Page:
TORONTO — Shaun Marcum is a big fan of the Toronto Blue Jays’ powerhouse lineup — especially now that he’s benefiting from it.
Vernon Wells hit one of Toronto’s four homers Tuesday as the Jays blasted the Minnesota Twins 11-2.
Marcum (3-1) held the Twins to five hits and one run in seven innings and has won three of his past four starts with a no-decision. Toronto has scored 30 runs in Marcum’s last four starts after failing to produce much during his first four outings.
The Blue Jays (24-17), who lead the major leagues with 65 homers, had 15 hits to earn a split in the two-game series with the Twins (24-15). The win completes a 4-1 homestand that moves Toronto back to the .500 mark at the Rogers Centre (11-11).
Marcum said he gets a kick out of watching the Jays’ lineup go to work.
“It’s fun to watch and be around,” Marcum said. “These guys can score runs in a hurry and they’ve been doing that all year. It’s nice to out there because it seems like no lead is safe for the other team. We can score in a hurry and come back at any time.”
The Blue Jays, who have 13 comeback wins this season, didn’t need one this time as they scored six runs on 10 hits — including two home runs — in four innings against Twins starter Carl Pavano (4-4).
The Blue Jays open an eight-game trek in Seattle on Wednesday. Marcum won’t be with the team at the outset of the trip — he’s travelling to Dayton, Ohio for the funeral of his grandmother.
“It was a little tough the last couple of days,” Marcum said. “But today I just tried not to focus on it and it was more about going out there and pitching. I think being around the guys and everything helps.”
Marcum, who did not pitch last season as he recovered from reconstructive elbow surgery, leads the American League with 62 innings pitched after Tuesday’s outing. His ERA shrunk to 2.61.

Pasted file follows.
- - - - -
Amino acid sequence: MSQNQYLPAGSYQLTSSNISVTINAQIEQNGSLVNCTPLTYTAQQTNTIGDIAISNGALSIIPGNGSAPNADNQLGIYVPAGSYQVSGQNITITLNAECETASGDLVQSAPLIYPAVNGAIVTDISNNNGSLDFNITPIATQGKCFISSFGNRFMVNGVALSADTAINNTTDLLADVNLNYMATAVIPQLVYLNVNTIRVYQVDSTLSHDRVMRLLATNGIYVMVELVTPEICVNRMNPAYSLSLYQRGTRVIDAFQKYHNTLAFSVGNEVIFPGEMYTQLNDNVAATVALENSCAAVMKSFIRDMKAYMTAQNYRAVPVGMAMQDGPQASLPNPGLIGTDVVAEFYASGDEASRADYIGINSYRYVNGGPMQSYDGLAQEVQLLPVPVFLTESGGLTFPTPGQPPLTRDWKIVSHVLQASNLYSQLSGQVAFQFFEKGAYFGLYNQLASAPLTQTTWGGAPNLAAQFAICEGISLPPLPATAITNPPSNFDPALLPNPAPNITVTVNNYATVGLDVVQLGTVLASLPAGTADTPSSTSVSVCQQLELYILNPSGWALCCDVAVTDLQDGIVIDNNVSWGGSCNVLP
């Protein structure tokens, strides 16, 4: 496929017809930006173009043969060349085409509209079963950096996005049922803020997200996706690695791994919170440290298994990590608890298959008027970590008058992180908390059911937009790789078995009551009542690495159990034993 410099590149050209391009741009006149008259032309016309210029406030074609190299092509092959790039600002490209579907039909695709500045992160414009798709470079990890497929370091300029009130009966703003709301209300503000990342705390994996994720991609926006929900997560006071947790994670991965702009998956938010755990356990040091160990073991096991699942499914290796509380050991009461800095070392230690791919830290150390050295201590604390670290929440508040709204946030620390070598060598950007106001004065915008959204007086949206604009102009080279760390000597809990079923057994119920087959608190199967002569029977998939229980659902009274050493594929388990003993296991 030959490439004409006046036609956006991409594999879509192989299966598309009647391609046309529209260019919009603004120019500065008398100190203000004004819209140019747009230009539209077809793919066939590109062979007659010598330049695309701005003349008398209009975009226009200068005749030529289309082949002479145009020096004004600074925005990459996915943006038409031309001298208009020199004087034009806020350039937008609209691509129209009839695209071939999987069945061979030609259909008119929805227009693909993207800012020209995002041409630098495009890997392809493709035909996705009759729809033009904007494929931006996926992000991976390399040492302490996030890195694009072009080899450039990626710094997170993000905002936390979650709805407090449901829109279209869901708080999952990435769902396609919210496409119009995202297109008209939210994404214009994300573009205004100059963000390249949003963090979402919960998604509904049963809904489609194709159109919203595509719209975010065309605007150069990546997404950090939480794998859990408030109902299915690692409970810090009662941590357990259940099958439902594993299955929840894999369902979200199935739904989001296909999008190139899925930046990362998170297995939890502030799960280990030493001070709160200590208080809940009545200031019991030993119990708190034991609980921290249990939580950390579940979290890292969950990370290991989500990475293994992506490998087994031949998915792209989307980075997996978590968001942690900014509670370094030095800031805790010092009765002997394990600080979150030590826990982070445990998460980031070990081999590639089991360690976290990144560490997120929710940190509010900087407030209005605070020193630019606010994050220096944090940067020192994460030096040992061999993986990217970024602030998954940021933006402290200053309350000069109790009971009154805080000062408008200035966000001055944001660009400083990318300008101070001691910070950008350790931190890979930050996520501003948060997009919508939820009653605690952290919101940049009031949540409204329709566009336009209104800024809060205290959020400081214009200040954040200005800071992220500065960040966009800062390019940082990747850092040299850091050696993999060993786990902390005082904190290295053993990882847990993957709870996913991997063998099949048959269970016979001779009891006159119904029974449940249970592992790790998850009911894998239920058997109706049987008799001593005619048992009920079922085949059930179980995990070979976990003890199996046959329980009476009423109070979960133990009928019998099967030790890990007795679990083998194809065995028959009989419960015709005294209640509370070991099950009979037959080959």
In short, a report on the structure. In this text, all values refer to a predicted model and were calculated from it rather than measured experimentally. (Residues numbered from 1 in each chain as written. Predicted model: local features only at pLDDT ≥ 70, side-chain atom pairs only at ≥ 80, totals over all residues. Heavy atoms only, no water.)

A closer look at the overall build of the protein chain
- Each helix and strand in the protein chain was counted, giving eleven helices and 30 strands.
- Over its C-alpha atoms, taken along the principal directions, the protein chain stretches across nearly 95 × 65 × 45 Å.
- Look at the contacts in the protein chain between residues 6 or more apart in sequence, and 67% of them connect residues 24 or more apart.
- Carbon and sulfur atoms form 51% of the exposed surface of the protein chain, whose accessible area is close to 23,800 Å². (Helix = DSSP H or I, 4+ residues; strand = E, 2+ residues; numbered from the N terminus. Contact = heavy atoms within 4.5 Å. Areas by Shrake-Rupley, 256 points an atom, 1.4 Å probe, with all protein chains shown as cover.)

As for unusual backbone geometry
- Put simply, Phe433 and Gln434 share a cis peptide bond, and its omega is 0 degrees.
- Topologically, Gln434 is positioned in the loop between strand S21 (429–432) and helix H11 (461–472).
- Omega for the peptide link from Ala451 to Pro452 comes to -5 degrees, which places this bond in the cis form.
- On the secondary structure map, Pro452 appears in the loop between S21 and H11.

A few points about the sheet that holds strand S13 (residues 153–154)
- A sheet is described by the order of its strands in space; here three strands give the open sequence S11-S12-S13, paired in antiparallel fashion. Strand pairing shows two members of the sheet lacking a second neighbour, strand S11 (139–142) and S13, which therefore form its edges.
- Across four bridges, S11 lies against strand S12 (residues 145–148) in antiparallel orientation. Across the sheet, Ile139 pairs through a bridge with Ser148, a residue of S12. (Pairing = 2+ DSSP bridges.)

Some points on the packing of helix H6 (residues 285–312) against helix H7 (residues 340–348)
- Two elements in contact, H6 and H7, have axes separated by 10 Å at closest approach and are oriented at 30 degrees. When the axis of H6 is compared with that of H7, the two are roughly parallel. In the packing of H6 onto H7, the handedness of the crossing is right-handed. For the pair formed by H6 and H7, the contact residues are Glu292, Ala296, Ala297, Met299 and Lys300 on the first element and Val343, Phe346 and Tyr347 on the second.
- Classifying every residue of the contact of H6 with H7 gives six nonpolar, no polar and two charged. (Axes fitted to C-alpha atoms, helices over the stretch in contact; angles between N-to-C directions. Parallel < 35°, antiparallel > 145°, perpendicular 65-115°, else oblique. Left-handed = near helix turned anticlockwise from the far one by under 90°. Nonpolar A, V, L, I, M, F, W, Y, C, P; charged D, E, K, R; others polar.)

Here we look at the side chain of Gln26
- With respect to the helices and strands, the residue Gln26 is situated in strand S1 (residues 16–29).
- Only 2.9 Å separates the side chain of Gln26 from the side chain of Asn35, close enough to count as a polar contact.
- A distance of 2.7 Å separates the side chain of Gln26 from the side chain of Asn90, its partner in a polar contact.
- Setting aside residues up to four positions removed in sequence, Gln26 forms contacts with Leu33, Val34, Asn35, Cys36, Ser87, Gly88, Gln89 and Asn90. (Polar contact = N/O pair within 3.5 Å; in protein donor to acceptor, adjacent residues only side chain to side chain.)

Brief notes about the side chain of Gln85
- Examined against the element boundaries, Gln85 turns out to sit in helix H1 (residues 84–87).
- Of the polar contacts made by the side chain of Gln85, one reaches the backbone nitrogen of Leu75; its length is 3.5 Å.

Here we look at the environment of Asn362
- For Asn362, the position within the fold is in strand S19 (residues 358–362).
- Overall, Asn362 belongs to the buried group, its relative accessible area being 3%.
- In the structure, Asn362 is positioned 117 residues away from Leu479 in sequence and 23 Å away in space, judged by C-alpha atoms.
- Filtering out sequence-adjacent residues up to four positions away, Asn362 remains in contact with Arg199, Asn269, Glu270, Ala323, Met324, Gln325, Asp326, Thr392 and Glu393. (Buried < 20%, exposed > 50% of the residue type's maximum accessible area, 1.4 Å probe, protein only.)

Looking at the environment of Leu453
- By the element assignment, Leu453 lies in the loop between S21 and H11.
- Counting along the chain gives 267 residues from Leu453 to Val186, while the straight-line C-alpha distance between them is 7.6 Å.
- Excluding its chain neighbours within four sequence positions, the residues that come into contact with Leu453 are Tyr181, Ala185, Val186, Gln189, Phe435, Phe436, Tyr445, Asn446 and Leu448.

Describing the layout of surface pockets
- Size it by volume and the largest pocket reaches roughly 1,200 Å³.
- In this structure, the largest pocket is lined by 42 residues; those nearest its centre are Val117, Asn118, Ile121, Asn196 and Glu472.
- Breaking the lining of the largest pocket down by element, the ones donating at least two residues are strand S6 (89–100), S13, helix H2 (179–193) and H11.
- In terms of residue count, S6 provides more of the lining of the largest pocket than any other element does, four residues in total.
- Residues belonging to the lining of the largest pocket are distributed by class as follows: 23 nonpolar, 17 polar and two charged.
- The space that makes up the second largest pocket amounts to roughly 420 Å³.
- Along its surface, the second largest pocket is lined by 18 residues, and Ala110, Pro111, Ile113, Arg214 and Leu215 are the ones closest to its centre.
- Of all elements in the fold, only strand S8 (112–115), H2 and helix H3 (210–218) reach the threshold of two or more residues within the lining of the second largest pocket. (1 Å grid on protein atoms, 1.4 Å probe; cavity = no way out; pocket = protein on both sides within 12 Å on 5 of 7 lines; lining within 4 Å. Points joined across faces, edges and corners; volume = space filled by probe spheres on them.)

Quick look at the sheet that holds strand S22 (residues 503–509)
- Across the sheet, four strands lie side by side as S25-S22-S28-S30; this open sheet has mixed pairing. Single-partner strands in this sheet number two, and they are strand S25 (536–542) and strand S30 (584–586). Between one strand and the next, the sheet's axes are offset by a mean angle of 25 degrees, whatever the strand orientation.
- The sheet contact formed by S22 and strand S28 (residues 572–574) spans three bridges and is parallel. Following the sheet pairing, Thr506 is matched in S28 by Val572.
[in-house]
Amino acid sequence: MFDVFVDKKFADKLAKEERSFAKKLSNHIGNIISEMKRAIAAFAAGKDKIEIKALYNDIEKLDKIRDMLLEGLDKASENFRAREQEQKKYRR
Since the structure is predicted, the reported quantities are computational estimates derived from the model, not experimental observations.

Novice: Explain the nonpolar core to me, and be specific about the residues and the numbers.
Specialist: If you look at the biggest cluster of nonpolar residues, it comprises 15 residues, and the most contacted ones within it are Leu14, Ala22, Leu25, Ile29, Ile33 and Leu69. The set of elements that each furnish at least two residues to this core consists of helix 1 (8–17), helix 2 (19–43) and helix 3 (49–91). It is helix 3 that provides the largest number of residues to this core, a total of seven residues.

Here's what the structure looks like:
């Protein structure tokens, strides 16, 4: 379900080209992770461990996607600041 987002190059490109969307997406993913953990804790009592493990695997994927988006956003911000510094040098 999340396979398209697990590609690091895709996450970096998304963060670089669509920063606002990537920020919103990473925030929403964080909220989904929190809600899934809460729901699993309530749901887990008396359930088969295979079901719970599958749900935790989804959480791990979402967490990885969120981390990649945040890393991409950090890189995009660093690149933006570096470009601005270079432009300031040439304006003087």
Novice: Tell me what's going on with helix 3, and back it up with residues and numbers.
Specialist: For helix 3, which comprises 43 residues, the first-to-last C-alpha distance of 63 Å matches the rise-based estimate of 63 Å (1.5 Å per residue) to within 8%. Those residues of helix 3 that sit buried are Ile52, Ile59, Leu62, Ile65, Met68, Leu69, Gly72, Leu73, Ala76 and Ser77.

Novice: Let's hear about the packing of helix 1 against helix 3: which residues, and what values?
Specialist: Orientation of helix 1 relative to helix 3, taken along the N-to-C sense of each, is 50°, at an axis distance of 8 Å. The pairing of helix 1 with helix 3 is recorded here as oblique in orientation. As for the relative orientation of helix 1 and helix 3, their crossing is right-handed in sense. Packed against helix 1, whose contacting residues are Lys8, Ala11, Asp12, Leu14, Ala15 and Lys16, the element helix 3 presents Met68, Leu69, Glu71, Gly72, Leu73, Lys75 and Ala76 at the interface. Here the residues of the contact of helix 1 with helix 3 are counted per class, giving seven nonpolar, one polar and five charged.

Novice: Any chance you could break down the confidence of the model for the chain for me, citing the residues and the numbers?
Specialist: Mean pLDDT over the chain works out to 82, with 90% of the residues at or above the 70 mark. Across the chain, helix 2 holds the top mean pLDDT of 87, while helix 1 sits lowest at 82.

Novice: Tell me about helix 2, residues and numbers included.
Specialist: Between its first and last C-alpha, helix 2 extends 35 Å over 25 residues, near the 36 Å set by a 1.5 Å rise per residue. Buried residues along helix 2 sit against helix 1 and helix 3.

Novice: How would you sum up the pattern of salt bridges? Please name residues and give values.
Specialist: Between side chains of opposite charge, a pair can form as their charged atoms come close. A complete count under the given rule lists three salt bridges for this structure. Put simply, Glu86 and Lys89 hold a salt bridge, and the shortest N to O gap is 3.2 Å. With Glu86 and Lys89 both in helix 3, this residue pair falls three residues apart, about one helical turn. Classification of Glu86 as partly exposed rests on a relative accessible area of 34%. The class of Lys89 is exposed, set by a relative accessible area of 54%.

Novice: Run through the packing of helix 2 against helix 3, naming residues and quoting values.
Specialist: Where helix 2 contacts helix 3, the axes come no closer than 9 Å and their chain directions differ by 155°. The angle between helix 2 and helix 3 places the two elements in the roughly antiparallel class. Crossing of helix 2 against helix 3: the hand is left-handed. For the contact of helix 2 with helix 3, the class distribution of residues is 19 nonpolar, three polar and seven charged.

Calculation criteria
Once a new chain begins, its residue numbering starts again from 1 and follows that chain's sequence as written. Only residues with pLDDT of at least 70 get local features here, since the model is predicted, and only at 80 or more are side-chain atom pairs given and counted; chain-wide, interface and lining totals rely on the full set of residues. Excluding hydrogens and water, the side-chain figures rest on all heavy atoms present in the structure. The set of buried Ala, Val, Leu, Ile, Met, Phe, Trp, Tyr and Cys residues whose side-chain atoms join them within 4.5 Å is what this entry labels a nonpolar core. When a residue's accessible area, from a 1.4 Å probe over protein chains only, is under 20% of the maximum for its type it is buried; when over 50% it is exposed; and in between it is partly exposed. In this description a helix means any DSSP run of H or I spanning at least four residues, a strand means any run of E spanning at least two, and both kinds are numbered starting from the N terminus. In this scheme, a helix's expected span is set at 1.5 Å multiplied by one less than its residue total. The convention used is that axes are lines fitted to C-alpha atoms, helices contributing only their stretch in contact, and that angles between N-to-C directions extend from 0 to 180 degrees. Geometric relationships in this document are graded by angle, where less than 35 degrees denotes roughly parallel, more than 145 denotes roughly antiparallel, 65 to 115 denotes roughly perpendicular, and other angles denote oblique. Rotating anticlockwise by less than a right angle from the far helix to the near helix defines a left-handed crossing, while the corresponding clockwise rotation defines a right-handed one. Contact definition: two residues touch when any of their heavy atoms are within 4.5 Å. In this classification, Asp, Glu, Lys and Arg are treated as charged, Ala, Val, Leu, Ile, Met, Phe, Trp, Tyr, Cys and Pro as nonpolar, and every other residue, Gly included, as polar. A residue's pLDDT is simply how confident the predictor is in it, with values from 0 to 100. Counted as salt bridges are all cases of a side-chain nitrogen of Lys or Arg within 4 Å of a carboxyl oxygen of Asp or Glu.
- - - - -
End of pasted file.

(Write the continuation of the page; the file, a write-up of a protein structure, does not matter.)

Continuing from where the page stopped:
Overbay had three RBIs in the game, driving in one run with a first-inning double and two more with his fourth homer of the season that came in the sixth against Toronto native Jesse Crain.
The 2-for-4 performance left Overbay with a .190 batting average, and he has been the target of Jays fans’ ire. The boos reached their apex on Monday when he committed two errors on the same play during the 8-3 loss to Minnesota.
Overbay’s teammates have been supportive.
“I don’t think anybody’s doubted Lyle all year,” Marcum said. “He’s a great player and in my opinion one of the best defensive first basemen in the game. Lyle is a gamer.”
Wells, off to a strong start this season with 11 home runs, is well aware of what it feels like to be vilified in Toronto. He said he sympathizes with Overbay.
“Been there, done that,” Wells said. “For me going through it is completely different than watching someone else going through it. I can deal with it. It’s tough to watch someone else go through it.
“But he’s handled it well. He’s going to come out of it a better person, I know I did. You learn a lot from your struggles. But it would be nice to come in here and it feel like a home park and (the fans) be supportive no matter what.”
The Blue Jays scored twice in the first inning on a sacrifice fly by Wells and Overbay’s double. Edwin Encarnacion, who came off the disabled list for Tuesday’s game, hit his second home run of the season in the second inning. It scored Jose Bautista who was at first after being hit by a pitch to lead off the inning.
“(Encarnacion) is trying to catch up with the rest of these guys,” said Jays manager Cito Gaston. “It’s great to see and it gave us a quick boost.”
Wells led off the third inning with his 11th homer of the season on the first pitch. It was No. 203 in his career to tie him with Joe Carter at second on the all-time franchise list. Carlos Delgado leads with 336.
“I don’t even know what the milestone is,” Wells said. “It’s another run and helped us win a game. That’s the most important thing.”
Aaron Hill, who took a .173 batting average into the game, snapped an 0-for-13 drought with a three-run homer in the sixth, his fourth of the season, against left-hander Ron Mahay.
Notes: Attendance at the Rogers Centre was 27,981, and consisted mostly of schoolchildren. ... Encarnacion’s start at third base was his first since April 14. He went on the disabled list with a sore shoulder and was 1-for-10 with a home run in three rehabilitation games with class-A Dunedin.